As communication and other technologies advance in a dizzying pace, we have a responsibility to step back and consider the impact—personally and socially.  What are benefits, and what are the known and often-hidden dangers, not just in terms of productivity or convenience, but also in moral and ethical terms?  This learning community brings together multiple perspectives to consider communication, ecology, identity, literacy, media, nanotechnology, and politics in light of the dizzying pace of technological innovation.

•    From Facebook to Face Time:  Living and Learning in the Digital Age

•    Nano-Dreams and Nano-Nightmares: Hype and Hope for Nanotechnology in Society

•    Science Fiction -- Dystopian Visions

2.    What does an LCC do?

An LCC is an upper-level student who works with faculty and the Associate Provost for First-Year Programs to help create and sustain a successful learning community. In the Fall semester, LCCs work closely to support faculty efforts to guide and shape the learning communities through their work within and across particular First-Year seminars. LCCs play an administrative and logistical support role, and they will likely be called upon to assist in facilitating student programs. They also have the ability to support residence-hall-based programs to explore the themes of the learning community. 

3.    Are there qualifications for being an LCC?

Candidates must be at sophomore standing or higher at the start of employment. They must successfully complete the LCC selection process (described below). Candidates must possess and maintain a 3.0 cumulative grade point average. Violations of college policy will affect candidacy.

4.    What does the selection process entail?

The selection process entails an application form to be filled out by the candidate, as well as two references. Final candidates will be invited for an interview.

5.    What is the compensation for being an LCC?

LCCs will be paid on an hourly basis for the Fall semester upon satisfactory completion of their responsibilities.

6.    Are there other benefits from being an LCC?

LCCs have the opportunity to develop close working relationships with faculty and administrators, and are in a position to shape the living/learning experiences of a significant number of First-Year students. This is a position of responsibility, from which you, as an LCC, will learn a lot about yourself, about your peers, about interesting ideas and successful program development.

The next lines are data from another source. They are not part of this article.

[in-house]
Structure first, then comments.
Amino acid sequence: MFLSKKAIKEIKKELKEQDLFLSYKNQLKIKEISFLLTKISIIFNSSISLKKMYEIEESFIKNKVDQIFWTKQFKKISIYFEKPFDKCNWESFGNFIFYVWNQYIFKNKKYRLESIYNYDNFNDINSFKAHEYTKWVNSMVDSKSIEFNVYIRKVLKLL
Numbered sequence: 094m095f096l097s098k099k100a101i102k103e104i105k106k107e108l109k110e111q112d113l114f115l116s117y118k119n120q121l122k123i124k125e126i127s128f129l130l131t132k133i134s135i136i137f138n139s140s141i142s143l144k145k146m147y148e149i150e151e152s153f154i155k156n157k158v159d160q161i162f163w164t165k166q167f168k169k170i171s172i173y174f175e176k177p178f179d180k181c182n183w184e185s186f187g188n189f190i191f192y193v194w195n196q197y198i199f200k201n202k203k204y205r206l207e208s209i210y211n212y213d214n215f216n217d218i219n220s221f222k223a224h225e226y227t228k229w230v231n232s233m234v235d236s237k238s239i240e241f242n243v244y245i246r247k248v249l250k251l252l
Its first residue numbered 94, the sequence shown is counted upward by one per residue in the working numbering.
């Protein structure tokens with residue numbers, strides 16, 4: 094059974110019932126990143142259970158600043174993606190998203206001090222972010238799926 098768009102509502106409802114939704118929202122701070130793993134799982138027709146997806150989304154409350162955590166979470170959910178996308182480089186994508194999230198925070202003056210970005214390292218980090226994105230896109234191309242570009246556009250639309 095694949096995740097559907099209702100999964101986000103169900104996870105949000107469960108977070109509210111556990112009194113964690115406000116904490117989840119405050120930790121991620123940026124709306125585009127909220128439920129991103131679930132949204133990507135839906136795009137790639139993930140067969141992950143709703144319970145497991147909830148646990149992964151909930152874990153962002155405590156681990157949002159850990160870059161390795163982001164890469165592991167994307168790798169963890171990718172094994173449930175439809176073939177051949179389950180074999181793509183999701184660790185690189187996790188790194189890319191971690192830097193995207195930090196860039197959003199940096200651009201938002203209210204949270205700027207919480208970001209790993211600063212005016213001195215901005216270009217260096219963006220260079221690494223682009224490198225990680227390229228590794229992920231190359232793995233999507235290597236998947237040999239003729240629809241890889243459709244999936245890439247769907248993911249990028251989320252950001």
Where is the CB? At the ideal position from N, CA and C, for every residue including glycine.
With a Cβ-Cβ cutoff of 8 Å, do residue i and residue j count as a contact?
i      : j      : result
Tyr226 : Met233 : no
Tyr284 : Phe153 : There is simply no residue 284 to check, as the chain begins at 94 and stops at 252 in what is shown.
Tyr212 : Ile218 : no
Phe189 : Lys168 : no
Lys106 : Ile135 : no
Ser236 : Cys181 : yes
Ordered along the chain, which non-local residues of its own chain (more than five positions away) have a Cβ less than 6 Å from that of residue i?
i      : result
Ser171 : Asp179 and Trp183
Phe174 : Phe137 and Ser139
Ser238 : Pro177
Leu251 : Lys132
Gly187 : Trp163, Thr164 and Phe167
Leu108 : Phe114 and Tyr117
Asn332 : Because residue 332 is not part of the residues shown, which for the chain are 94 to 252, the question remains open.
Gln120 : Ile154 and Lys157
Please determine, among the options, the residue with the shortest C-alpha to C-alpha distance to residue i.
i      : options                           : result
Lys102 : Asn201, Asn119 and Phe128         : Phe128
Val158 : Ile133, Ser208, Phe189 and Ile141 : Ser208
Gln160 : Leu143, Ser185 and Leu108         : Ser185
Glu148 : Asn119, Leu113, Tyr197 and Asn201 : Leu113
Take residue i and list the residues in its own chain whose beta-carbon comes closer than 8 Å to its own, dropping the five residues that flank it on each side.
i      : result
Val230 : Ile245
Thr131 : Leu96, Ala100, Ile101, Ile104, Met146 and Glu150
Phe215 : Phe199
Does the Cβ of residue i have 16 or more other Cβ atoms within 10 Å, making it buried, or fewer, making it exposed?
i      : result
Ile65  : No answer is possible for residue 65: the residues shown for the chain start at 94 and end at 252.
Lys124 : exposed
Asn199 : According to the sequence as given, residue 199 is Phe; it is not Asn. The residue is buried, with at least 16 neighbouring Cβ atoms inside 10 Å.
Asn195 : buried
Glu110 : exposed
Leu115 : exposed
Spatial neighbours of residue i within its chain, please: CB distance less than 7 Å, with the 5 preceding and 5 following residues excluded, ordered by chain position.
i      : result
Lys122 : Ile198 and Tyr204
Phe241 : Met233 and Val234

7.    If I am selected as an LCC, where will I live? How will this affect my housing assignment?

This depends on a couple of factors.  Generally, sophomore LCCs live in the same building as the learning community students depending on space availability, while junior or senior LCCs live elsewhere and develop a plan to maintain a presence in the learning community space.  This topic will be addressed during candidate interviews.

8.    Who does an LCC report to?

LCCs are coordinated by Associate Provost Shalom Staub and meet with him on a regular basis throughout the year. In the Fall semester, LCCs are expected to stay in close communication with their learning community's faculty in order to provide a support role at their direction.

9.    Are there additional obligations?

In the fall, LCCs will be asked to return to campus in the week prior to the start of classes in order to meet with fellow LCCs, RAs, faculty and administrative staff.

10.    What if I have a question that was not answered on this page?

Please do not hesitate to contact AP Shalom Staub if you have any other questions about learning communities or the process of becoming an LCC. You may e-mail him at staubs@dickinson.edu, call him at ext. 1080, or stop in at his office on the 2nd floor of Old West, Room 16.